Monday, August 22, 2011

It's Good to Have Him Dead: "The Dark Half" Revisited, Part 1

A few weeks back, I threatened promised to post an essay dealing with The Dark Half, which I'd recently finished rereading, and guess what?  The time has come.  It is here.  I've finished taking notes, I've got the day off from work, and I'm sitting down at the computer to type it all up.  I'm sure it's going to be fun to write, it's just that ... well ... I keep hearing these rustling sounds outside, and these little chirps.  I think there might be some birds outside.  Usually, this makes my cats go sit with their faces in the window, making these little frustrated noises, like they're trying to tell the birds, "Oh, you let us get out and see what happens to you."  But today, they're all hiding, almost as if they're afraid of the birds.  Hmm.  I hope it's nothing for me to be worried about.


The Dark Half has never been one of my favorite novels by Stephen King.  I enjoyed it reasonably well when I first read it, but never had much urge to read it a second time.  In that fashion, over time I began ranking the novel near the bottom of my list of personal favorite King books.  And yet, upon rereading it, I found it to be a considerably better novel than I'd been giving it credit for over the past couple of decades.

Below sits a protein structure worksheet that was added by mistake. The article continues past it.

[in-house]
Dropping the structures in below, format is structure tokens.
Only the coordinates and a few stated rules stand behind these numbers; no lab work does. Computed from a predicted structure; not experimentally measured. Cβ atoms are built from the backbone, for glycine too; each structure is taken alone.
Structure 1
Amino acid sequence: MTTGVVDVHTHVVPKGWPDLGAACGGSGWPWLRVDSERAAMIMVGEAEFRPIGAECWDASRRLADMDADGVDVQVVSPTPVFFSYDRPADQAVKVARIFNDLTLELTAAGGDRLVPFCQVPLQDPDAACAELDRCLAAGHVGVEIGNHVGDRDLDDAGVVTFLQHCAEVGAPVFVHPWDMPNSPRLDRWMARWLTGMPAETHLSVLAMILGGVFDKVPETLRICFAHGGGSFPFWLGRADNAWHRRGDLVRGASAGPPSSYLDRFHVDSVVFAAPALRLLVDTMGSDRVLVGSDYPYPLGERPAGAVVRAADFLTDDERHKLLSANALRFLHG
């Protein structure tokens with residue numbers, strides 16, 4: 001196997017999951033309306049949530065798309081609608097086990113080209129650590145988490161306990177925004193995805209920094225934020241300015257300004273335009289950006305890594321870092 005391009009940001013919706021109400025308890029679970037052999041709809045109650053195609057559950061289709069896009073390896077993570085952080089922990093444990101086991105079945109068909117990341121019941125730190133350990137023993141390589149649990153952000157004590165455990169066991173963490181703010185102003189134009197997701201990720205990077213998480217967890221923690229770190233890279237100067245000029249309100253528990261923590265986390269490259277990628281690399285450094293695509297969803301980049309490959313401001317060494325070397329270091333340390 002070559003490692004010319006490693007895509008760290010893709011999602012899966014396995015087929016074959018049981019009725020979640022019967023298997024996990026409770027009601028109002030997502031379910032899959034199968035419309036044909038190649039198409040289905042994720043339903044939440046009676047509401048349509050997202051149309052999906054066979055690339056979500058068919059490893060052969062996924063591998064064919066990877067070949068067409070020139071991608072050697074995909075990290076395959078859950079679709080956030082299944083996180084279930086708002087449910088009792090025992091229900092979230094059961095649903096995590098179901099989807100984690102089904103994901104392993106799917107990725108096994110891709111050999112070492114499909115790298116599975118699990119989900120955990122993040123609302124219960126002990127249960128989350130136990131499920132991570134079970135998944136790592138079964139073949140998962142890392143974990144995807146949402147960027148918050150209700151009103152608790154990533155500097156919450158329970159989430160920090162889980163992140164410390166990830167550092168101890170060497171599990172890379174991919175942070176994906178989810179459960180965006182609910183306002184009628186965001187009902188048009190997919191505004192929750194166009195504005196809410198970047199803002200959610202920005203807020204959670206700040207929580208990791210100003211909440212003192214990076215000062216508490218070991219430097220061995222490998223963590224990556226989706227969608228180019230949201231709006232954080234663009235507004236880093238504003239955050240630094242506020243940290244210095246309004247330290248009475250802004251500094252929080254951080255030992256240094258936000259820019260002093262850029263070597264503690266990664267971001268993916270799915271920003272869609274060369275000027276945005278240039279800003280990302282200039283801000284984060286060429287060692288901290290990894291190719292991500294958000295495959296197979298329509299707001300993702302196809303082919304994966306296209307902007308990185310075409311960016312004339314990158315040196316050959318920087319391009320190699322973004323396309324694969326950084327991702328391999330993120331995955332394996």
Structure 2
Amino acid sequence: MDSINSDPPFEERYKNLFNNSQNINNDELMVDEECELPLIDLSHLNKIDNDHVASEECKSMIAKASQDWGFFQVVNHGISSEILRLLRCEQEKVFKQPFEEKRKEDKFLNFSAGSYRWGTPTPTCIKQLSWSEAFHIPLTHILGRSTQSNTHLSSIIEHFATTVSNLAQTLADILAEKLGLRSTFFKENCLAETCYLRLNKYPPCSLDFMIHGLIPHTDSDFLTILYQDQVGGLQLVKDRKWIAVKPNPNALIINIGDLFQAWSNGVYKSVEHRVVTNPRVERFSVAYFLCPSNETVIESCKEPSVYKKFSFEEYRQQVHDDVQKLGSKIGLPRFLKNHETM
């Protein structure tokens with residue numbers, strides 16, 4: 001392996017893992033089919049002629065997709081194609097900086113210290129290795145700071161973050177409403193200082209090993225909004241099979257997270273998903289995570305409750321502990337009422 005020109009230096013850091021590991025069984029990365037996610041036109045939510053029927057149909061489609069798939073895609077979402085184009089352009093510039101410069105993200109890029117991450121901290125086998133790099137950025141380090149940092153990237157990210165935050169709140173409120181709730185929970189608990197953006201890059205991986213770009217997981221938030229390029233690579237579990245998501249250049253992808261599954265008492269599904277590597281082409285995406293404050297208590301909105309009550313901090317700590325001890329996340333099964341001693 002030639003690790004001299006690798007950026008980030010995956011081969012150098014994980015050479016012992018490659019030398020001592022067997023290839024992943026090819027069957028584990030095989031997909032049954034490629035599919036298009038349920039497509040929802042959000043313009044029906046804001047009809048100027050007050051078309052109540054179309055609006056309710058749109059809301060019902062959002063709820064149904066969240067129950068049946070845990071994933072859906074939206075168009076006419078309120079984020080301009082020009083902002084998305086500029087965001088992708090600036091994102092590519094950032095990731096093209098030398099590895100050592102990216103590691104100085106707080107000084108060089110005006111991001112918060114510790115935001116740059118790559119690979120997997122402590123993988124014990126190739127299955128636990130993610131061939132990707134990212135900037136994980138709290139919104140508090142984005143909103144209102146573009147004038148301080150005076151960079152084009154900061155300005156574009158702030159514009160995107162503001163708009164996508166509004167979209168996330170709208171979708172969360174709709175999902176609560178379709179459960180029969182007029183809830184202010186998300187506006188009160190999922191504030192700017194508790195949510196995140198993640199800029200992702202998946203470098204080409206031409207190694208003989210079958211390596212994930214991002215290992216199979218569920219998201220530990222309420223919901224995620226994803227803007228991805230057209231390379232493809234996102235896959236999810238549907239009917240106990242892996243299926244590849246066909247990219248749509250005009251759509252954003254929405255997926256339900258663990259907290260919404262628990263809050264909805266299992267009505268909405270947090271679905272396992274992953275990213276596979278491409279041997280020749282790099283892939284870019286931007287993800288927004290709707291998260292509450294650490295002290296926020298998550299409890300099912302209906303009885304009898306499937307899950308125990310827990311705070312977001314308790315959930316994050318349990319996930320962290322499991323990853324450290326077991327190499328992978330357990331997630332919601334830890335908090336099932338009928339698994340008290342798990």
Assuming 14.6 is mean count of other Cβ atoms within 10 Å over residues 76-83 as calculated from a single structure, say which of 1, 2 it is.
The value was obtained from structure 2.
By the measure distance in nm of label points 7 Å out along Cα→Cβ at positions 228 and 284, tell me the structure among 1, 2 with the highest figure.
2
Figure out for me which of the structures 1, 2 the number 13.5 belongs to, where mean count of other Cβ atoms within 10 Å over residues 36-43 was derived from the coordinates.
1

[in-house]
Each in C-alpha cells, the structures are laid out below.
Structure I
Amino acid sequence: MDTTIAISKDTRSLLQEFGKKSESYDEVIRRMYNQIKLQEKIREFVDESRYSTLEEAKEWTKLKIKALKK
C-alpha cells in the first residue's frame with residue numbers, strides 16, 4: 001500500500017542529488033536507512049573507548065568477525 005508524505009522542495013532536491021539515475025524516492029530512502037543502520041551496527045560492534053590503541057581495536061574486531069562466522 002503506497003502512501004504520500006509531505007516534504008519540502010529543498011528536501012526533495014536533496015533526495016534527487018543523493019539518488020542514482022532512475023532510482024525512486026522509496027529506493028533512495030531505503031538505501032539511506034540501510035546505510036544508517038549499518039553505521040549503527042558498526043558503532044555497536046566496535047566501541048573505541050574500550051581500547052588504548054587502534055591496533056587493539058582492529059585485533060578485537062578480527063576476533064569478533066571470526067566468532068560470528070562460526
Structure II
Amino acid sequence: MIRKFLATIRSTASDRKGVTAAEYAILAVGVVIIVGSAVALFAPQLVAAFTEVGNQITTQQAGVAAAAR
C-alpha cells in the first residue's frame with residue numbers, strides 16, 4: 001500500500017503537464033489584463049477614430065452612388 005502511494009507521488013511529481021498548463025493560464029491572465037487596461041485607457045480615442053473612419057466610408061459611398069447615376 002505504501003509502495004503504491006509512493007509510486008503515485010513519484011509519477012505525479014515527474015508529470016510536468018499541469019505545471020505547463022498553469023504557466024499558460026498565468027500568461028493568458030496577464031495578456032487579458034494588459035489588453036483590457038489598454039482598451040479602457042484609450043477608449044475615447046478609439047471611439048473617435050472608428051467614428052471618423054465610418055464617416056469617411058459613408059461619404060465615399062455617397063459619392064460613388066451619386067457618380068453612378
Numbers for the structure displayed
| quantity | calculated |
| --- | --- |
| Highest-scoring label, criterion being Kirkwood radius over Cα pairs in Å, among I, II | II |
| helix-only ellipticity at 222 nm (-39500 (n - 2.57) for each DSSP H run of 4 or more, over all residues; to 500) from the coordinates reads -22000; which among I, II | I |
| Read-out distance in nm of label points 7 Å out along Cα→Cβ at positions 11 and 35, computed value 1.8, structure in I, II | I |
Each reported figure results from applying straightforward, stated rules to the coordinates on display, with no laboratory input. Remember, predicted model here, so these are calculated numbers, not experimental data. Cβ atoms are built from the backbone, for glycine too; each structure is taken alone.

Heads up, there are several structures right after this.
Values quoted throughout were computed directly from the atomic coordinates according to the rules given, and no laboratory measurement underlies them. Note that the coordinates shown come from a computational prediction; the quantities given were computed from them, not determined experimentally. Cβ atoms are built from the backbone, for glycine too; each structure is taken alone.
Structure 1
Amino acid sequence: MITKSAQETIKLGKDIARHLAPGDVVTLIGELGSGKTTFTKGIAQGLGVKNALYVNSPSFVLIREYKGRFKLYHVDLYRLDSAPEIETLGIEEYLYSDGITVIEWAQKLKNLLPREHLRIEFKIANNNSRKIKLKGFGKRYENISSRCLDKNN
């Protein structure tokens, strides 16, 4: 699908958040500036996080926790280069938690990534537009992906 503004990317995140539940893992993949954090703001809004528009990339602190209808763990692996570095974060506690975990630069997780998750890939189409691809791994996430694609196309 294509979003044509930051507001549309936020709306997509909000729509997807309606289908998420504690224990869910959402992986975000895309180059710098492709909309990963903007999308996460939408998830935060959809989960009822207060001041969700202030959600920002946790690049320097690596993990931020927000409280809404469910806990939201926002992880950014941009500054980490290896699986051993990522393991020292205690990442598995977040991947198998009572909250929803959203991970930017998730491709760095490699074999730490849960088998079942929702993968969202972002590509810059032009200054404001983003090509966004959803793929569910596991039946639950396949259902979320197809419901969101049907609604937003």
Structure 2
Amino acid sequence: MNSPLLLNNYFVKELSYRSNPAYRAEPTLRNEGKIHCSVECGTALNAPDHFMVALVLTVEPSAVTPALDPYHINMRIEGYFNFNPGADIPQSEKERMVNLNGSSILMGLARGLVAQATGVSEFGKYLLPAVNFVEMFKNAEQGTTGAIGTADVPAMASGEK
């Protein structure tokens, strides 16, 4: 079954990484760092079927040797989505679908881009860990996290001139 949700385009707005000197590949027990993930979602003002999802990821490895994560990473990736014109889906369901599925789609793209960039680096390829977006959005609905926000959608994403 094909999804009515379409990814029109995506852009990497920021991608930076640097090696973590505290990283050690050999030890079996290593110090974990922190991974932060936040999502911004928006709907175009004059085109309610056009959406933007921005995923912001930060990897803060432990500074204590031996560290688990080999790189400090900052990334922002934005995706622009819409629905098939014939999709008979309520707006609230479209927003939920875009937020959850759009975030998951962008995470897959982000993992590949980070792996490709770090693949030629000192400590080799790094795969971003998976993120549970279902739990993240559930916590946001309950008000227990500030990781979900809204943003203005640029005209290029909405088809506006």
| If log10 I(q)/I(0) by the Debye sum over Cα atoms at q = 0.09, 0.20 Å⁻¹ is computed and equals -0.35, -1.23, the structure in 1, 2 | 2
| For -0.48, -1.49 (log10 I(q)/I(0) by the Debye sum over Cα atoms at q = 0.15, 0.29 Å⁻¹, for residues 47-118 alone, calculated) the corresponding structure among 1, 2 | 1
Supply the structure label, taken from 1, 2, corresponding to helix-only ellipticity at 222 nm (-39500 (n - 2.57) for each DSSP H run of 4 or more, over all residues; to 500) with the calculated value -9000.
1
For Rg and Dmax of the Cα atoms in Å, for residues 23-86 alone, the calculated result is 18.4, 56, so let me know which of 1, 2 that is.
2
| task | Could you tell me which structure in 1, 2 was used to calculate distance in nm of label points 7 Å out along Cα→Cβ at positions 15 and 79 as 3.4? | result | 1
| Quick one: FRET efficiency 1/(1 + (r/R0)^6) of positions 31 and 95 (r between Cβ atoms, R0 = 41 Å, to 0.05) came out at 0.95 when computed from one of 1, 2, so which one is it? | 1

I experienced something similar when I reread The Tommyknockers earlier this year.  I'd only read that novel once, hadn't liked it much, and promptly relegated it to the bottom of some mental opinion barrel, and when I reread it, I was rather shocked to find myself not only enjoying it, but hella enjoying it. (I always wanted to use "hella" in a sentence.  Crossing off the list ... now.)

I'd be a liar if I said I enjoyed my reread of The Dark Half as much as I enjoyed my reread of The Tommyknockers.  I didn't, and while some critical part of me might have to admit that The Dark Half is a better novel in some ways (it's tighter in construction, if nothing else), ultimately I got a lot more out of the stories of Bobbi Anderson and Jim Gardener than I got out of the stories of Thad Beaumont and George Stark.

However, I did find The Dark Half to be a much better book than I'd previously given it credit for being.

What always bothered me about The Dark Half was that I simply could not buy into the central conceit of the novel: a writer's forcibly-retired pseudonym comes to life and starts causing bloody mayhem for the writer and everyone he knows.  I found that to be a fundamentally silly idea, and it was even sillier in the movie version (despite a pretty good performance by Timothy Hutton as both Beaumont and Stark).